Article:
Boris Johnson’s ‘levelling up’ agenda will become a political football – unless he takes these three steps

It’s time for the prime minister and the wider party to show leadership by demonstrating the unity they seek to achieve

Justine Greening
Monday 16 November 2020 13:46
Charles Walker tells Boris Johnson to control his advisers and end No 10 infighting

Although the departure last week of the prime minister’s two most influential advisers was seen as a pivotal moment for Boris Johnson’s premiership, the reality is that advisers come and go. In the end, it’s ministers who take decisions and take responsibility.

Mr Johnson has rightly identified that far too much time and energy has been wasted on picking fights and pursuing combative arguments instead of bringing the country together around solutions. It’s hard finding common ground with those not always on the same political side and then building a consensus around which a common plan can be built. But from my own time in cabinet, I know that’s how you deliver long-term, meaningful change. It’s far easier for governments and political parties to pick fights, but that approach is ultimately a weak one that fails to deliver for people on the ground. If the red wall Labour seats going Tory tell us anything, it’s that delivery is all that counts in the end.  

Mr Johnson has now been prime minister for almost 18 months and has four years to go before the next general election. He must now take three steps to ensure that time is used to maximum impact.

Firstly, he must refocus on the “levelling up” agenda. Beyond the rhetoric, there has been insufficient substance of a plan and on how to deliver it. He needs to set out how he is going to level up places like Bradford or Blackpool in the north, or rural areas like Lincolnshire and parts of Cornwall. And for that to be compelling, the government should be clear what it means by “levelling up”. For many, it seems to be a question of spending more money. But investment is how a plan is financed, not the plan itself. There have been times under Labour when millions of pounds were invested in “left-behind communities” but those Tory MPs who now represent those communities and what were red wall Labour seats are there because it wasn’t enough. Delivering long-term generational change requires addressing the root causes of why change never seems to happen. “Levelling up” is a phrase I used as a cabinet minister in 2015, but to me it was about a much more fundamental shift in how our country and society works, not just about spending taxpayers’ money. “Levelling up” is about how we achieve equality of opportunity for all, irrespective of background or circumstances. Levelling up is about how we shift Britain from being a place where who you know matters more than what you know and connections count more than competence.  

Secondly, with redundancies hitting a record high, people want to know where the jobs of the future are coming from and how they can reskill to get them. It’s crucial that the net-zero agenda and levelling up go hand in hand. Whether it’s the shift to renewable energy sources, to carbon capture and storage, to switching our gas networks over from natural gas to hydrogen or “greening” our transport system, the investment transitioning us to becoming a green, net-zero country and economy will mean new careers and roles.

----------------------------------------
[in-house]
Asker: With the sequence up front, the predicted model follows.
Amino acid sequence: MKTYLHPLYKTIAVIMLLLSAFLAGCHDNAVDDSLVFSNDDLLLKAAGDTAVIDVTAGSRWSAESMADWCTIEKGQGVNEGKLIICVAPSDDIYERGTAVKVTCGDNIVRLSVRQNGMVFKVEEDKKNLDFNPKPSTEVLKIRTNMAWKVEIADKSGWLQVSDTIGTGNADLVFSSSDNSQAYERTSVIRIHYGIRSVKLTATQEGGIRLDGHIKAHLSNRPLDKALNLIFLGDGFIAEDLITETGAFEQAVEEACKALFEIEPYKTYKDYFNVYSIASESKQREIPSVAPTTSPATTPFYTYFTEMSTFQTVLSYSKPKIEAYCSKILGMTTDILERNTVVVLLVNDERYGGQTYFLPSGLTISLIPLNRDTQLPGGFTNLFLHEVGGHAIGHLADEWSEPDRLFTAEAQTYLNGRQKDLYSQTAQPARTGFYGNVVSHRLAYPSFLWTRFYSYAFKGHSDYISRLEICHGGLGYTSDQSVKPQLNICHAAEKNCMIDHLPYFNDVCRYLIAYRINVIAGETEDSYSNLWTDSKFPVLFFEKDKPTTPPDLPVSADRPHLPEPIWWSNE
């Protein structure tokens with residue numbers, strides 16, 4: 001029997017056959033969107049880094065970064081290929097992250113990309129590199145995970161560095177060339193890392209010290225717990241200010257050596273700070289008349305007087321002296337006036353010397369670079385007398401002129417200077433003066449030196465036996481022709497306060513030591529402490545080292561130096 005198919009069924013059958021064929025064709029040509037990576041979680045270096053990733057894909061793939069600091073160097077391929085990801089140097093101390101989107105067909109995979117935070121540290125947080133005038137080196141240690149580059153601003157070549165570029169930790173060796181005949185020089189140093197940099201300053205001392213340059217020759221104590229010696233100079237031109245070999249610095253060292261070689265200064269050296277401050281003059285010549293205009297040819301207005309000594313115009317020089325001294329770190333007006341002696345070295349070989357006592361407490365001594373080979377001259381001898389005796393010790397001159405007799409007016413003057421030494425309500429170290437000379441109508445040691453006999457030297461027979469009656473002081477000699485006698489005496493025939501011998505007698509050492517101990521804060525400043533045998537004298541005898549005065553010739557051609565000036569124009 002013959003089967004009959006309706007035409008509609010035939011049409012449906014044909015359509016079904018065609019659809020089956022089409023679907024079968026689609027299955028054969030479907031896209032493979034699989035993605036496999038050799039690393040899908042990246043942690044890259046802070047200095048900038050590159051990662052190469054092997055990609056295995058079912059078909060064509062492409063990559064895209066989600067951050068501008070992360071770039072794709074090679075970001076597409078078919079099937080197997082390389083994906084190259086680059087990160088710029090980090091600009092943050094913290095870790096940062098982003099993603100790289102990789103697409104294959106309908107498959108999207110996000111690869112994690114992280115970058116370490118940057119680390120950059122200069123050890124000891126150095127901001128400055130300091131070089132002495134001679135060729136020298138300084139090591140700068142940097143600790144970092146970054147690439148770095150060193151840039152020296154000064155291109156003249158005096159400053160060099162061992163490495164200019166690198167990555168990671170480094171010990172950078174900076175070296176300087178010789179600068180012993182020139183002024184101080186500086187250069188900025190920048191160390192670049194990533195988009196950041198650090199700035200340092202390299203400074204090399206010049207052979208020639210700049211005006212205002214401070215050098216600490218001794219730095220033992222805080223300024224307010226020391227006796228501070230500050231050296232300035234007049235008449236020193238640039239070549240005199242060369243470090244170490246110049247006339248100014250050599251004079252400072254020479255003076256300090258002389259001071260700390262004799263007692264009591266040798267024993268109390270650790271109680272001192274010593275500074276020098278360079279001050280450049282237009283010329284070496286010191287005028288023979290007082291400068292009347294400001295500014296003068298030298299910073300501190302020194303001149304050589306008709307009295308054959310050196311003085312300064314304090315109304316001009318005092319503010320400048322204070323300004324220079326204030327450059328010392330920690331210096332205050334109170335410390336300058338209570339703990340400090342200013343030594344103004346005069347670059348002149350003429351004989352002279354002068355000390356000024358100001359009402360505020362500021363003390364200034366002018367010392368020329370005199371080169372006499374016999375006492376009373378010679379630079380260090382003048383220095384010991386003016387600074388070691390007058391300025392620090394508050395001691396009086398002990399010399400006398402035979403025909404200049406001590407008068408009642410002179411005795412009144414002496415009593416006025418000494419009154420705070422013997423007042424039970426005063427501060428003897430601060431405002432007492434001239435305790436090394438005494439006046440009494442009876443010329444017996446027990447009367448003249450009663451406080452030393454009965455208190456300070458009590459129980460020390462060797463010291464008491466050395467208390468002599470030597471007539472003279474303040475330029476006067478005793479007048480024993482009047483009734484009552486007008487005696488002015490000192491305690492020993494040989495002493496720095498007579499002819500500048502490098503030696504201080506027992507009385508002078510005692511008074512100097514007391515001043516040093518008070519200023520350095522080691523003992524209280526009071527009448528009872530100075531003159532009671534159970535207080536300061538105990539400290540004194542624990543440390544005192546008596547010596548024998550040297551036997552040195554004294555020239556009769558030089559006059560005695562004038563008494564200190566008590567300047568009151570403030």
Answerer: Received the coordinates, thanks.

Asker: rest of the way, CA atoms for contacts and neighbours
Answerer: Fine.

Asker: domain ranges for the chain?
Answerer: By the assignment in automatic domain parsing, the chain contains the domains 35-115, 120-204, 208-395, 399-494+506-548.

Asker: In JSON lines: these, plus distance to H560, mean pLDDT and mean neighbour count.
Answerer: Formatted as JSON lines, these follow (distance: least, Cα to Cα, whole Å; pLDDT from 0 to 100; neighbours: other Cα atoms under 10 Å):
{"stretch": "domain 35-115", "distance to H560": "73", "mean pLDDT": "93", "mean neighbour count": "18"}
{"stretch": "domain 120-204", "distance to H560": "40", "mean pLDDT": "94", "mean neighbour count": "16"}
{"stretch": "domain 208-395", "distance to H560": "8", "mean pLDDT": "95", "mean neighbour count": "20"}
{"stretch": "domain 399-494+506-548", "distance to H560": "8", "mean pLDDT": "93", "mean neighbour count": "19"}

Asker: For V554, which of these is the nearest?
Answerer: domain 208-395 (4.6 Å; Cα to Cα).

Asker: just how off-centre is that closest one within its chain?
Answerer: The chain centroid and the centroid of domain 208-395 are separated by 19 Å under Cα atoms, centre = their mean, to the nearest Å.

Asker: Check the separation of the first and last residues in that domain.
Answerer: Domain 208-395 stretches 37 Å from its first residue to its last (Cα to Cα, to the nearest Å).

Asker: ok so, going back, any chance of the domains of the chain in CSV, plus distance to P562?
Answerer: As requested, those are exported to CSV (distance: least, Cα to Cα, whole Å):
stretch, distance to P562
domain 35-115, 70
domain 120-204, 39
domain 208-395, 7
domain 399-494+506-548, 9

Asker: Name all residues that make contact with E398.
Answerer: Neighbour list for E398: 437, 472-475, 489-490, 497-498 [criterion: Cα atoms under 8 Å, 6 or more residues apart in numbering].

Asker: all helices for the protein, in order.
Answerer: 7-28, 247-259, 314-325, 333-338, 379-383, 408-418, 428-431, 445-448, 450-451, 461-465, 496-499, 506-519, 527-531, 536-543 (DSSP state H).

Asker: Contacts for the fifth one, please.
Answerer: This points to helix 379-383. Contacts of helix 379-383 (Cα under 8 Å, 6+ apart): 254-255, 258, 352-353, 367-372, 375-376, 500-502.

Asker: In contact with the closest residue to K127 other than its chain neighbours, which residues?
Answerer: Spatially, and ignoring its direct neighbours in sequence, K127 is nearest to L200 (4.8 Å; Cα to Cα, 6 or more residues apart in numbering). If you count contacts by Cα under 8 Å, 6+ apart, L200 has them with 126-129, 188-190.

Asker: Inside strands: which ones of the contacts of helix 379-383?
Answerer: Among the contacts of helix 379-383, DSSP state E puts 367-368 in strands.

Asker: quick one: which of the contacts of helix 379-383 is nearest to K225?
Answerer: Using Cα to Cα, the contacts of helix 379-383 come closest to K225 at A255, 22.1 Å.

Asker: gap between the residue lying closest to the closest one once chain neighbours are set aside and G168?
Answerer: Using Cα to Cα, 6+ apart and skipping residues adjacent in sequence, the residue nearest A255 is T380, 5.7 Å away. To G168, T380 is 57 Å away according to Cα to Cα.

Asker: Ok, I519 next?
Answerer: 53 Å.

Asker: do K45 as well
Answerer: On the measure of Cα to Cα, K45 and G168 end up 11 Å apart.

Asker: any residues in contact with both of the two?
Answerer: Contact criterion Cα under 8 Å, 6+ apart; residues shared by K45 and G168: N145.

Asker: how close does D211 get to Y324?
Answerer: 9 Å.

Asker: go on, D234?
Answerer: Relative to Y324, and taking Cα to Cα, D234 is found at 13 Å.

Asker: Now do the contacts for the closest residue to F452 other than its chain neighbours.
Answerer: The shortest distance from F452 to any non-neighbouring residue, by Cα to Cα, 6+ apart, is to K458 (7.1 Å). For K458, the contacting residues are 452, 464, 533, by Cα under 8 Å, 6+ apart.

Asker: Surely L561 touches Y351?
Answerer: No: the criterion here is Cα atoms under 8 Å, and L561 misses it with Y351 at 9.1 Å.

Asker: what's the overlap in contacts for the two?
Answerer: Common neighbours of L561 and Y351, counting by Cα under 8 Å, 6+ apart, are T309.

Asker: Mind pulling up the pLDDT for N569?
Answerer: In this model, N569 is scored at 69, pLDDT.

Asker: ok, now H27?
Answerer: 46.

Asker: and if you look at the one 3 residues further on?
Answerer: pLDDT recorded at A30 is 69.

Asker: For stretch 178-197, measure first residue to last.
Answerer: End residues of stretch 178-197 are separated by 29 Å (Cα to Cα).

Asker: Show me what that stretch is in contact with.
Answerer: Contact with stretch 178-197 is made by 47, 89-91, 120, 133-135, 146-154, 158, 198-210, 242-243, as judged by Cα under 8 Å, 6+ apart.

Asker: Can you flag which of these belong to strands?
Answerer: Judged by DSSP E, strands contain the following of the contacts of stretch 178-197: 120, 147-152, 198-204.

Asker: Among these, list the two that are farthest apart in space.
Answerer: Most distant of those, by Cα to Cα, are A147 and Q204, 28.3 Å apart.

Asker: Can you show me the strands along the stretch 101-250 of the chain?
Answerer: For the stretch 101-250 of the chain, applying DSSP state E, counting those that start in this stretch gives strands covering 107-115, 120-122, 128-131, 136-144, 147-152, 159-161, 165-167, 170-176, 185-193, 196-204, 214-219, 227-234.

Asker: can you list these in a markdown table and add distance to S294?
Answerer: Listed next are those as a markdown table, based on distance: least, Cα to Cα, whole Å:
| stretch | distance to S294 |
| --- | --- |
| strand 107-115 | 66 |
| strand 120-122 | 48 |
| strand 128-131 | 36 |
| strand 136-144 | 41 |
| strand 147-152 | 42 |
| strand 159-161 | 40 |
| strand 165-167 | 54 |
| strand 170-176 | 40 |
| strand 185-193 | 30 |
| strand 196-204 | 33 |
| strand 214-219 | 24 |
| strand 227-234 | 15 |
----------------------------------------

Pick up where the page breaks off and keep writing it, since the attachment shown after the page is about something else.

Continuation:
The prime minister needs to be clear on how those new jobs can lift communities where opportunities count the most. Alongside a reskilling strategy, it also means setting out how our education system can ensure our young people get the knowledge and skills they need to take advantage of the new opportunities being created. The challenges on both are immense, but they can only be addressed through a clear plan, driven and led by the prime minister.

The third step Mr Johnson must take is just as crucial. He must now bring people together to work on these goals. Levelling up and achieving net zero are our national challenges and they will only be accomplished through a national effort. It’s the only way that we can successfully deliver.  

In my experience working on social mobility and the practical solutions to levelling up, there is a huge amount of goodwill across the country to see change happen. Through the Social Mobility Pledge we have a “coalition of the willing” – of business leaders and university leaders who are leading the charge, working together, already going further and faster on our common ambition of levelling up the country. Their experience already shows how the solutions and knowledge we need are already in place, ready to be harnessed more broadly. What we now need is a government that shares our coalition’s purpose of levelling up and can play its own crucial part. We need a Johnson government that can bring its policy approach across all departments to line up alongside the practical steps that businesses and universities are taking on the ground.  

It’s time for Mr Johnson to lead. He cannot allow his “levelling up” agenda to simply become a political football within the Conservative Party, kicked around by MPs in different communities demanding winners and losers. The levelling up agenda is one for our whole country, because it’s about a British system that has stopped working for millions, wherever they are.  

The prime minister must take these three steps to get back on track but the role of his wider party is to show its own leadership by demonstrating the unity it seeks to achieve.

Justine Greening is a former secretary of state for education and co-founder of the Social Mobility Pledge

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